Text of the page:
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The Black Hills area can experience spectacular temperature variations. Day-to-day changes occur as cold and warm fronts cross the northern Plains. However, temperature ranges across the area at a given time can be just as great. They happen rapidly as the wind direction changes, most notably the warming Chinook winds that have given the Black Hills the reputation as the “Banana Belt” of the Midwest. Other temperature differences are caused by inversions, when warm air flows over a shallow pool of cold air. Because the Black Hills rise above the plains like an island in a body of water, they are in the warm air layer.

The most notable temperature fluctuations occurred on January 22, 1943 when temperatures rose and fell almost 50 degrees in a few minutes. This phenomenon was caused when a frontal boundary separating extremely cold Arctic air from warmer Pacific air rolled like an ocean tide along the northern and eastern slopes of the Black Hills.

In mid-January 1943, Arctic air pushed southward from Canada, bringing extremely cold temperatures across the central United States. By the morning of January 19, temperatures were well below zero as far south as Kansas and in the single digits to teens across Texas. On January 20, warmer air started to spread eastward from the Pacific over the Rockies while lows ranged from -20 to -30 degrees across the Dakotas (see map below). The boundary separating this warmer air from the frigid air was near the front range of the Rocky Mountains and through Nebraska, with Casper WY at 22 degrees while Rapid City was -20 degrees. During the day, the warm air aloft reached the higher elevations of the Black Hills. Temperatures warmed into the 30s at Custer and Lead while highs remained below zero in downtown Rapid City, the Rapid City Airport (now Ellsworth Air Force Base), and Spearfish. The following day, temperatures reached the 40s in the Hills but struggled to get into the single digits above zero on the plains as the front advanced to the northeast.

Daily Weather Map from the morning of January 20, 1943

Daily Weather Map from the morning of January 20, 1943

Early morning temperatures on January 22 were already above freezing in the higher elevations of the Black Hills but still below zero along the foothills. Shortly after daybreak, the front moved northeast—down the slopes of the Black Hills—and temperatures warmed rapidly. Later in the morning, the front retreated to the southwest and temperatures plummeted just as quickly. The oscillations occurred several times during the morning; the front pushed east of Rapid City during the afternoon, allowing the airport to reach 50 degrees. It finally shifted south again during the late afternoon, and the cold air returned to the foothills.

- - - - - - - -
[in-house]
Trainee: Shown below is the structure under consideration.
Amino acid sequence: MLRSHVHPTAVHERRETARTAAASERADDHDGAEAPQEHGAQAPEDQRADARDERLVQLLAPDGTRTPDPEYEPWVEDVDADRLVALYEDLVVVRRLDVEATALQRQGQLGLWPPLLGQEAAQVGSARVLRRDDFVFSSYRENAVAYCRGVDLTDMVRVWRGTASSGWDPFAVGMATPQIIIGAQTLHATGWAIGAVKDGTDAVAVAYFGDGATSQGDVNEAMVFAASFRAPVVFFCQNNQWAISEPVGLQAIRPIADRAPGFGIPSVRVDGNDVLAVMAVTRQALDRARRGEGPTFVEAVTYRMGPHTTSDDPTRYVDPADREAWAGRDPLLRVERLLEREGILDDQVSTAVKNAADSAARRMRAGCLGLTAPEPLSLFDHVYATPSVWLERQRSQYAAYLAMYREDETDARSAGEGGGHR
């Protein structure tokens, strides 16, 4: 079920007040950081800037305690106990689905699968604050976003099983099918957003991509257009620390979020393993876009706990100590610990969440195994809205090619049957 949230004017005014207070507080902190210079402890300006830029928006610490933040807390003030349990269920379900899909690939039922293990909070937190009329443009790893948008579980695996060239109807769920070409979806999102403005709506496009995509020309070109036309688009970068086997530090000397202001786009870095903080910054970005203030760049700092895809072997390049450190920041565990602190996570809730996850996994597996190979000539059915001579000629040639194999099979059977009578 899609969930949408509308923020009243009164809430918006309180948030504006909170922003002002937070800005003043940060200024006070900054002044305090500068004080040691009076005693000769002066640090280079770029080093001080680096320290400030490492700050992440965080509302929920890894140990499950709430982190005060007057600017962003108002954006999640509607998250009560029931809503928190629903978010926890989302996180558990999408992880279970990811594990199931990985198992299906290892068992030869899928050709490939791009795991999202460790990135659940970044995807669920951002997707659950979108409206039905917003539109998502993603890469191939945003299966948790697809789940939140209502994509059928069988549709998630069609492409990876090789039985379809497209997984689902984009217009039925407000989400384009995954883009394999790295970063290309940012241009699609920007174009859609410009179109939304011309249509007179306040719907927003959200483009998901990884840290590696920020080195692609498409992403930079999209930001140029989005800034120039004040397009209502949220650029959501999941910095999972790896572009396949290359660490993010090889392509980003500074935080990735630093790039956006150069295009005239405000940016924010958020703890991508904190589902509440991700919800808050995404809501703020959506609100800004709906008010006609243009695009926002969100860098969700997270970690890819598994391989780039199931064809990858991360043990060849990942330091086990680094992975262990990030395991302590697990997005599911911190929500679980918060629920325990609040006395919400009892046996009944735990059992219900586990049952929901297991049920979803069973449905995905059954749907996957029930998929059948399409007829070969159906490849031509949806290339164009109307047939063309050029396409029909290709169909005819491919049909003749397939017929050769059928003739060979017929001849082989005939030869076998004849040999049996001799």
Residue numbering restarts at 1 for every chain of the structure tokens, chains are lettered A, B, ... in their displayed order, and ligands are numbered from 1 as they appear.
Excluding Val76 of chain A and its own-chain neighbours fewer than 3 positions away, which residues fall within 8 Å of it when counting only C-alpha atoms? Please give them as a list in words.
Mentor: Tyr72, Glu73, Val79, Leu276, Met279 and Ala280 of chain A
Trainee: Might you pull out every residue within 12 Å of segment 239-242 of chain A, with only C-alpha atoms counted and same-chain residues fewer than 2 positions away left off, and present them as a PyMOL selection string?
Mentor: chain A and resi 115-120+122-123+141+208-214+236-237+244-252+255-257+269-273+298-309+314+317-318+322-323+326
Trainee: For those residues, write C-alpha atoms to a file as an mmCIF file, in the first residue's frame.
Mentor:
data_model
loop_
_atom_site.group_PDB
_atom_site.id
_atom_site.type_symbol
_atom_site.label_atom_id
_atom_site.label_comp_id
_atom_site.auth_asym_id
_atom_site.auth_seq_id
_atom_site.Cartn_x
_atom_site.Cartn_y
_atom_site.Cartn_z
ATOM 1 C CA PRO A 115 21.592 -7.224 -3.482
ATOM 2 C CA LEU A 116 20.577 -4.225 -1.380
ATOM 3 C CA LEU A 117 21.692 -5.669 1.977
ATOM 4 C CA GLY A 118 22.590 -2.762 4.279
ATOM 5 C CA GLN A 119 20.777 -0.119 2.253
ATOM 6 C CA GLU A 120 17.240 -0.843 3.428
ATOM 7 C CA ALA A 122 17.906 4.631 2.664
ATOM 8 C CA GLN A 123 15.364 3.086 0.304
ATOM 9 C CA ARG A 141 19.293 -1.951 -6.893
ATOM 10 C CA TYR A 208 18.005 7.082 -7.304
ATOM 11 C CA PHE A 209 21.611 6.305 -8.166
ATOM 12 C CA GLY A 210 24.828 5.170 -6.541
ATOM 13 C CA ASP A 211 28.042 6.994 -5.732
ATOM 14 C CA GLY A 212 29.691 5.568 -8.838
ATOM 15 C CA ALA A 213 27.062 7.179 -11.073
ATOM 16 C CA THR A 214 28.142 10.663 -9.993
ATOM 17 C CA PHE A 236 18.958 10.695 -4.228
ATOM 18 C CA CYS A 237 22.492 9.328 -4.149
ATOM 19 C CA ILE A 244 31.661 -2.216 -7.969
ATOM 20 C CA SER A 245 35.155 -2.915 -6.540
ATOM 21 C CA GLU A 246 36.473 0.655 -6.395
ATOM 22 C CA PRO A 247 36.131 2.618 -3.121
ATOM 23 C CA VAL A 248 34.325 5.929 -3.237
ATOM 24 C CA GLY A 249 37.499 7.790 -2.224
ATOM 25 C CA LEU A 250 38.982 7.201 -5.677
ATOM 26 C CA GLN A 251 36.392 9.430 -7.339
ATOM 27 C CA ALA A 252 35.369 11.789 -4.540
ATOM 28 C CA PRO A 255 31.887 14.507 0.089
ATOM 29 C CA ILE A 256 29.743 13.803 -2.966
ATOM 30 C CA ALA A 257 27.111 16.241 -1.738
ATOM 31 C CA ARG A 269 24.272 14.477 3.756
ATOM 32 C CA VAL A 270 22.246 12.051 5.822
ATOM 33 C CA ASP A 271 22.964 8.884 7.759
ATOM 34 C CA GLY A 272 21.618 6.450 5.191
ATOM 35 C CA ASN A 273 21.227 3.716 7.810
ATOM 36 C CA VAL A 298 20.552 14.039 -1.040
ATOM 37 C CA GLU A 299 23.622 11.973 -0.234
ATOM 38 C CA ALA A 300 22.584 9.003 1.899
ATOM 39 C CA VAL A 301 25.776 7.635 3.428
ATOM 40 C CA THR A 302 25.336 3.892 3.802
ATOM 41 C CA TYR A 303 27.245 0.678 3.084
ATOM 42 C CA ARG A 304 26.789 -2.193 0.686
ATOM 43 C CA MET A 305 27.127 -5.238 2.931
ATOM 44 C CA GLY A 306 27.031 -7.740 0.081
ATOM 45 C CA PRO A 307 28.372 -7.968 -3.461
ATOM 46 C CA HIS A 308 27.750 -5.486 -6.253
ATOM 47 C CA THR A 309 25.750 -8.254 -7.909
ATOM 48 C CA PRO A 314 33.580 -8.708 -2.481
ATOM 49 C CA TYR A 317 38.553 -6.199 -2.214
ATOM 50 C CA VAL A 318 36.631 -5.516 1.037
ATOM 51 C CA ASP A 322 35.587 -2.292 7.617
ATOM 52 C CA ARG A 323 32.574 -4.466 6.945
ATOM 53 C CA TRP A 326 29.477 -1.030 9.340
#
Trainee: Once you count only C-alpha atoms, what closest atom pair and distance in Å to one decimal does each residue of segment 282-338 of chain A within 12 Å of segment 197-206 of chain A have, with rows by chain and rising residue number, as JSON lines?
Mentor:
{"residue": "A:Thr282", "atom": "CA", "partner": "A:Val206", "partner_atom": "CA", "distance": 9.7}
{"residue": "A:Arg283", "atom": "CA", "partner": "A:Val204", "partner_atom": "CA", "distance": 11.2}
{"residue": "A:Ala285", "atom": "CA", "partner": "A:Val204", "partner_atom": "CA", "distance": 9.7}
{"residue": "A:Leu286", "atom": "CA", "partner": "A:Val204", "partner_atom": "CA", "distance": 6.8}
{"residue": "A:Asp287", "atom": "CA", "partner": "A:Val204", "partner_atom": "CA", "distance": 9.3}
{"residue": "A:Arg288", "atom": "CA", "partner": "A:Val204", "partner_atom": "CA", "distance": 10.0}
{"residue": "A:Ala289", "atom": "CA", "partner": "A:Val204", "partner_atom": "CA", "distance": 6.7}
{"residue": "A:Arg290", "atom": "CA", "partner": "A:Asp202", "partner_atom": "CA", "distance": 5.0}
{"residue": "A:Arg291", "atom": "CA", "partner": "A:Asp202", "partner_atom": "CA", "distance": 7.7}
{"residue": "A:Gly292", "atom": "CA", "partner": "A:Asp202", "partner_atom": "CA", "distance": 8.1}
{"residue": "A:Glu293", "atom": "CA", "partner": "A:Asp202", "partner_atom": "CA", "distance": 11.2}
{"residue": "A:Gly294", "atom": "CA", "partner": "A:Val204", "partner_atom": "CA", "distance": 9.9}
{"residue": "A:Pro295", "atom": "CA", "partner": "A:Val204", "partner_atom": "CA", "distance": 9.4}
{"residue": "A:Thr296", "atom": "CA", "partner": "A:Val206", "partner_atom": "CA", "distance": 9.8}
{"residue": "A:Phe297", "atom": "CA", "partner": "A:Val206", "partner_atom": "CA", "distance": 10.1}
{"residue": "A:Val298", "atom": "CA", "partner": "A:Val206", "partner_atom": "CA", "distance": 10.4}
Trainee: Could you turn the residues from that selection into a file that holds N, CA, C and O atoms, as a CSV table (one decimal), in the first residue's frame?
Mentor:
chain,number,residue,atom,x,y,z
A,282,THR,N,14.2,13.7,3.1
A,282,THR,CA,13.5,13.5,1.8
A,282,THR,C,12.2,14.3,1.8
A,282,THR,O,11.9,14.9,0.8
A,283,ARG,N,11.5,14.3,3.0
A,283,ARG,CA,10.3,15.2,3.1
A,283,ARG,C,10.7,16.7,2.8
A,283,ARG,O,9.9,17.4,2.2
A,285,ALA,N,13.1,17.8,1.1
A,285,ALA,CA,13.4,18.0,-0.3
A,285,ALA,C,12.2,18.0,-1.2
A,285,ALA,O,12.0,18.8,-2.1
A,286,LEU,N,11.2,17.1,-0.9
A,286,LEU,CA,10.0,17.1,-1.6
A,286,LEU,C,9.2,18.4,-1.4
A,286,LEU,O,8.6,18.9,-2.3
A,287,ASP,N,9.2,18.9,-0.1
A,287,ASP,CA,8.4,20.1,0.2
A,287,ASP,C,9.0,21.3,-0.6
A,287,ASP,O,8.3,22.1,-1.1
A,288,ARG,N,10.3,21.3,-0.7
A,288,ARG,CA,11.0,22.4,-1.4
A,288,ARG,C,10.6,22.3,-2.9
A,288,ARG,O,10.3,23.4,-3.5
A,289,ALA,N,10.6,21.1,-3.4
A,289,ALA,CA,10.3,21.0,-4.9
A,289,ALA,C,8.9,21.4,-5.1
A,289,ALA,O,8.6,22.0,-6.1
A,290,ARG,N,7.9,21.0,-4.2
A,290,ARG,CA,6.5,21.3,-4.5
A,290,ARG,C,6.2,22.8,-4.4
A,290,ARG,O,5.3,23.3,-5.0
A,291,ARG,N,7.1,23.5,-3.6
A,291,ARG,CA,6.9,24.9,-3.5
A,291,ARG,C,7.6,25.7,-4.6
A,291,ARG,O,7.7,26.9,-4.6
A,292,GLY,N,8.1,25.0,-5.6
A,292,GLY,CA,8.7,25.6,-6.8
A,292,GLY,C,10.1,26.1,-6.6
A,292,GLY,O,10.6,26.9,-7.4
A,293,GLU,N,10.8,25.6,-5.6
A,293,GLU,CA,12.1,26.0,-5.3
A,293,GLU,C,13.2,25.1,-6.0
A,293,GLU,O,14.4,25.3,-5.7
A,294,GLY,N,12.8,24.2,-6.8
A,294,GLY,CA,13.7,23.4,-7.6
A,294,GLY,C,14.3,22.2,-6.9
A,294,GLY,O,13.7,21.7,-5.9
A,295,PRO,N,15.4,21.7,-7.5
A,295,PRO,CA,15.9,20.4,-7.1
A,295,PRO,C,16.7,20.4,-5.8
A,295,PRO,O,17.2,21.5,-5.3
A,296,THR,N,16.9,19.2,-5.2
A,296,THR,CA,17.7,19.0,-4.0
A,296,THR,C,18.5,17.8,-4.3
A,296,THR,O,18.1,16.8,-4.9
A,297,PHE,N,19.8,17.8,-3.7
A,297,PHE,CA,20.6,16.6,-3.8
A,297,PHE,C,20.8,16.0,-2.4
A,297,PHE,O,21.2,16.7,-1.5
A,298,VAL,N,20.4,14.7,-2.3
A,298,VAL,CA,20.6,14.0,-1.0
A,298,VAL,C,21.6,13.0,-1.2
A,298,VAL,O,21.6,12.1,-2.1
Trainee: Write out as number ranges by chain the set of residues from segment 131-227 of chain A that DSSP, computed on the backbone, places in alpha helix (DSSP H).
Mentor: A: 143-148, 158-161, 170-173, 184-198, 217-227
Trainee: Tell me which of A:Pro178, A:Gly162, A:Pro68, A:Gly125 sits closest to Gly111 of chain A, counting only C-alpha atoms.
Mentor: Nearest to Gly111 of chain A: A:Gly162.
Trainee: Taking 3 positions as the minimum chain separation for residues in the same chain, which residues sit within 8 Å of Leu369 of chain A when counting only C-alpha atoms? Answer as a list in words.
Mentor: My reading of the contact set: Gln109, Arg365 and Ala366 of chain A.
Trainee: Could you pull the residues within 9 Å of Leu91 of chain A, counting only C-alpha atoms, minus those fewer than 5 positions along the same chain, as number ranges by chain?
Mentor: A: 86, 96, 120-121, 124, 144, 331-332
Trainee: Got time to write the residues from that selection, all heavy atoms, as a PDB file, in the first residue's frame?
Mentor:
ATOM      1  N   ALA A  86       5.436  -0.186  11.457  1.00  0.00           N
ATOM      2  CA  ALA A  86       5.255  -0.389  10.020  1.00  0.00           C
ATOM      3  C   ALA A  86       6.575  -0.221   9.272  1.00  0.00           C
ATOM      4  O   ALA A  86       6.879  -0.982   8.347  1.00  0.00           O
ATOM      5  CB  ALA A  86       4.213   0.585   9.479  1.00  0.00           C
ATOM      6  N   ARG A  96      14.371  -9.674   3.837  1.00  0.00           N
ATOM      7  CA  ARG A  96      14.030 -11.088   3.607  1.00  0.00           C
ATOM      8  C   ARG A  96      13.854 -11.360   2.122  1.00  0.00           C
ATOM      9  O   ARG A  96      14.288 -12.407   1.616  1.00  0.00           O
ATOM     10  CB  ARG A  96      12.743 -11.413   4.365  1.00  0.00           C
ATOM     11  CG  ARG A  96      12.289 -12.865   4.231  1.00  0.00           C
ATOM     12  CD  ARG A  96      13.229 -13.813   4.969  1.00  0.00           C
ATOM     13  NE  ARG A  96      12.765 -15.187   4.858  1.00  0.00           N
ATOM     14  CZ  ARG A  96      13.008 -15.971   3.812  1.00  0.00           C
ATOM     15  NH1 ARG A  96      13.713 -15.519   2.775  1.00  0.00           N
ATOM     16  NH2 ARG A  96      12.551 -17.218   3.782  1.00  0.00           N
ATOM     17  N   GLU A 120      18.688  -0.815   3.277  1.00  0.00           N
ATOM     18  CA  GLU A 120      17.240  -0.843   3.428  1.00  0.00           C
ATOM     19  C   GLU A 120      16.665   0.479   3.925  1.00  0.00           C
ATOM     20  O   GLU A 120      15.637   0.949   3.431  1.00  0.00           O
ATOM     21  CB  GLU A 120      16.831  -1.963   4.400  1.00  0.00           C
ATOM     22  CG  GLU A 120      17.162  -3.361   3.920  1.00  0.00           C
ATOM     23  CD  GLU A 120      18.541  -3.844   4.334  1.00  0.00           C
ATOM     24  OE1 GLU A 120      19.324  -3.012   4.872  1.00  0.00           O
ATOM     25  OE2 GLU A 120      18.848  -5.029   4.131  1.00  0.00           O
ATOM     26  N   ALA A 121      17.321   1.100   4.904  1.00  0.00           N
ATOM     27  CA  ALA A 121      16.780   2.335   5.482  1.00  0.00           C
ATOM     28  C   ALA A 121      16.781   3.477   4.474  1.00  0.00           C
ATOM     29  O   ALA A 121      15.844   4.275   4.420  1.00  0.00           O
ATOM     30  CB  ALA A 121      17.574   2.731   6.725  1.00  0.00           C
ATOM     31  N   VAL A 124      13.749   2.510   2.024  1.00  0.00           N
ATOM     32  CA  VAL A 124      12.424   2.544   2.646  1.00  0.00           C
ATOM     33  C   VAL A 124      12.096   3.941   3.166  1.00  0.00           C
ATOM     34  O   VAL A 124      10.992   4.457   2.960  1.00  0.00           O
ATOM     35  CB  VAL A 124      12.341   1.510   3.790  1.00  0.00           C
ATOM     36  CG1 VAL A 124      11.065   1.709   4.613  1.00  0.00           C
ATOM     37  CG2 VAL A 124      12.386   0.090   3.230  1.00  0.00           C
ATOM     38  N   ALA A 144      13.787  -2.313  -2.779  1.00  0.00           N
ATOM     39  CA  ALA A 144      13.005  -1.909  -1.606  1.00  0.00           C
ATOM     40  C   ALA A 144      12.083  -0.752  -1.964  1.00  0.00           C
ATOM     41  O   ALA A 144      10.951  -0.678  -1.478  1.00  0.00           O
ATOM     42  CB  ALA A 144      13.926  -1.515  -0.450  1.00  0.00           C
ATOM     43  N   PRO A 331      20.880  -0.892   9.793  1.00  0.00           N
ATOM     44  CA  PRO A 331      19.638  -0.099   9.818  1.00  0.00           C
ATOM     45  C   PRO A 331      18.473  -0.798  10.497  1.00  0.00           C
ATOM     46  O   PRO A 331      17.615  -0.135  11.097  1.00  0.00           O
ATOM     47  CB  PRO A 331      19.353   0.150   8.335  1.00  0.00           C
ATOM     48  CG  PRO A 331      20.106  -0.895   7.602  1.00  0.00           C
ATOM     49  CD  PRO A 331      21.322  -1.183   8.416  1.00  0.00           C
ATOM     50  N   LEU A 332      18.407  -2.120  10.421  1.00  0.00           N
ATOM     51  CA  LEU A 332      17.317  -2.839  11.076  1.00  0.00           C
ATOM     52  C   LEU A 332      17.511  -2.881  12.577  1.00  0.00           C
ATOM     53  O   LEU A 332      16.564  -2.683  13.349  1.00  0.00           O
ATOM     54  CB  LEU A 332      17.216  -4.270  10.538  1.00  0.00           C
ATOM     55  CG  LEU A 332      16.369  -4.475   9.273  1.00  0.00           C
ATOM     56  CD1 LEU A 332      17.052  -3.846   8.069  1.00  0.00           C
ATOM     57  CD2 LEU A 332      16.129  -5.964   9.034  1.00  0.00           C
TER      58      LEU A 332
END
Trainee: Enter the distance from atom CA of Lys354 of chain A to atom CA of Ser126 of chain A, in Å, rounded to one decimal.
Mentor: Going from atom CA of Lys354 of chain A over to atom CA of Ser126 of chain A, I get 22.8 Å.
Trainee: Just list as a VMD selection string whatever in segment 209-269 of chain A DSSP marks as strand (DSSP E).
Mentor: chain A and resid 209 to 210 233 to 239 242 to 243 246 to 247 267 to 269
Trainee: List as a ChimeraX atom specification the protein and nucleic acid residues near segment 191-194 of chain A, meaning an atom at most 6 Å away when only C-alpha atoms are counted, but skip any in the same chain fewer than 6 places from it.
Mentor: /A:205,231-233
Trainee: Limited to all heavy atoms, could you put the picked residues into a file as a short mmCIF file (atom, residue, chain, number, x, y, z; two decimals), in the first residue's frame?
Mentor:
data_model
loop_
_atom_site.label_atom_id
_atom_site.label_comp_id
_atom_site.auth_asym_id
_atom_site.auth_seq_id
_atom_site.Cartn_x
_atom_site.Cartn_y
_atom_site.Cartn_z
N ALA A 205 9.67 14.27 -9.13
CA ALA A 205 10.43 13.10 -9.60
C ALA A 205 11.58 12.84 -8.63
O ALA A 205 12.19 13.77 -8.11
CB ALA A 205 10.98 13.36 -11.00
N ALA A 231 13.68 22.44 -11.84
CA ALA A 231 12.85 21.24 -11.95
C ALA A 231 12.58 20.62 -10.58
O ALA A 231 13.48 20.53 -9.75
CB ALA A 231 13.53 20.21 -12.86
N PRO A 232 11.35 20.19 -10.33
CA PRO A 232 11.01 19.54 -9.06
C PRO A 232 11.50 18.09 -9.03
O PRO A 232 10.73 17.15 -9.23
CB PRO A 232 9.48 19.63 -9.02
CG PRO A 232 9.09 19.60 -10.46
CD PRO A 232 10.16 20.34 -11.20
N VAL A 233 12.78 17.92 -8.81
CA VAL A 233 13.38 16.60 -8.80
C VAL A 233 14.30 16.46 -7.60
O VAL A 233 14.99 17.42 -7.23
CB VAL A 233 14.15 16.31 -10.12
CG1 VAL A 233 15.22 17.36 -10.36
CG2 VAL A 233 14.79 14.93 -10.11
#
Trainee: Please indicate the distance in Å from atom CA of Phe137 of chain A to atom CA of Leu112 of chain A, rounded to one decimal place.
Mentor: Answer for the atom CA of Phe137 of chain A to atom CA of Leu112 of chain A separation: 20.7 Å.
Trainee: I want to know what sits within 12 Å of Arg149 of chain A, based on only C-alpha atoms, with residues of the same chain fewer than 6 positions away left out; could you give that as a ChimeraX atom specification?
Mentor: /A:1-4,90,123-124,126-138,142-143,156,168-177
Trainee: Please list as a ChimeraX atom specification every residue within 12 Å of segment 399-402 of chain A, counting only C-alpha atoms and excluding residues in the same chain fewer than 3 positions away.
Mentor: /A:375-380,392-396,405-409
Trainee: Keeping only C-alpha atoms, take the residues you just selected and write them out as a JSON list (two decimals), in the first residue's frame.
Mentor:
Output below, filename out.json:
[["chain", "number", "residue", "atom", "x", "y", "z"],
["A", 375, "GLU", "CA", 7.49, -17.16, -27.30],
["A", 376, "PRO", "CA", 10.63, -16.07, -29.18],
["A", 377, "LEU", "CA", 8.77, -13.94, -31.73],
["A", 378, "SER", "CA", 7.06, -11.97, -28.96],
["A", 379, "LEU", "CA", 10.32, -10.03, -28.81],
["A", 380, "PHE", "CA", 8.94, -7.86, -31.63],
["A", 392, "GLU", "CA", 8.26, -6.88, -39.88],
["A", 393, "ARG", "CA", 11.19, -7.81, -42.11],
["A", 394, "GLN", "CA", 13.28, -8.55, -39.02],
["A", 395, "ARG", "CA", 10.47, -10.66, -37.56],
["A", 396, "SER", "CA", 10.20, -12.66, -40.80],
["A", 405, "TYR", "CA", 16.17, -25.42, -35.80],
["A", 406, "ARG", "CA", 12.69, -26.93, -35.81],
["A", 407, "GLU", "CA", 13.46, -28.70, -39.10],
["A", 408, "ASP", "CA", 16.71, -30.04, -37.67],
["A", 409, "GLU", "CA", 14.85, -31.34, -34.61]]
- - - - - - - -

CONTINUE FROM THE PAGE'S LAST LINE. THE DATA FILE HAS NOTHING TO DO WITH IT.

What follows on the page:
Weather maps showing the position of the front around the Black Hills on January 22, 1943 (from Monthly Weather Review, March 1943)

Weather maps showing the position of the front around the Black Hills on January 22, 1943 (from Monthly Weather Review, March 1943)

In Spearfish, the temperature rose from -4 at 7:32 a.m. to 45 degrees–a rise of 49 degrees—in just two minutes. A couple of hours later, it plunged from 54 back to -4 degrees–a change of 58 degrees in 27 minutes. In downtown Rapid City, the temperature had warmed to +5 degrees by 9:20 a.m., then it quickly warmed to 54 degrees by 9:40 am—a difference of 49 degrees in 20 minutes.

The drastic temperature changes were logged on recording thermometers at the Montana-Dakota Utilities Company offices in both downtown Rapid City (then at 725 St. Joseph Street) and Spearfish. A picture of the instrument with a replica of the January 22, 1943 chart is shown below along with a picture of the actual temperature recording chart.

The recording thermometer from Spearfish on January 22, 1943The recording temperature chart from Spearfish on January 22, 1943

The recording thermometer and temperature chart from Spearfish on January 22, 1943 (photos courtesy of Montana-Dakota Utilities Company)

The change in temperature was noticeable as people rounded street corners. Motorists were unable to see out their windshields when thick frost forms as they encountered the front and plate glass windows cracked.

This event, which the Rapid City Daily Journal described as “crazily deviating temperatures” and “freakish warmth”, received national media coverage. It was featured in “Ripley’s Believe it or Not” and “Strange as it Seems” cartoons printed in newspapers across the country.  
A detailed description of the event was written by Roland R. Hamann, Senior Observer with the U.S. Weather Bureau office (now National Weather Service) at Rapid City, South Dakota and published in the March 1943 Monthly Weather Review as “The Remarkable Temperature Fluctuations in the Black Hills Region January 1943” available here: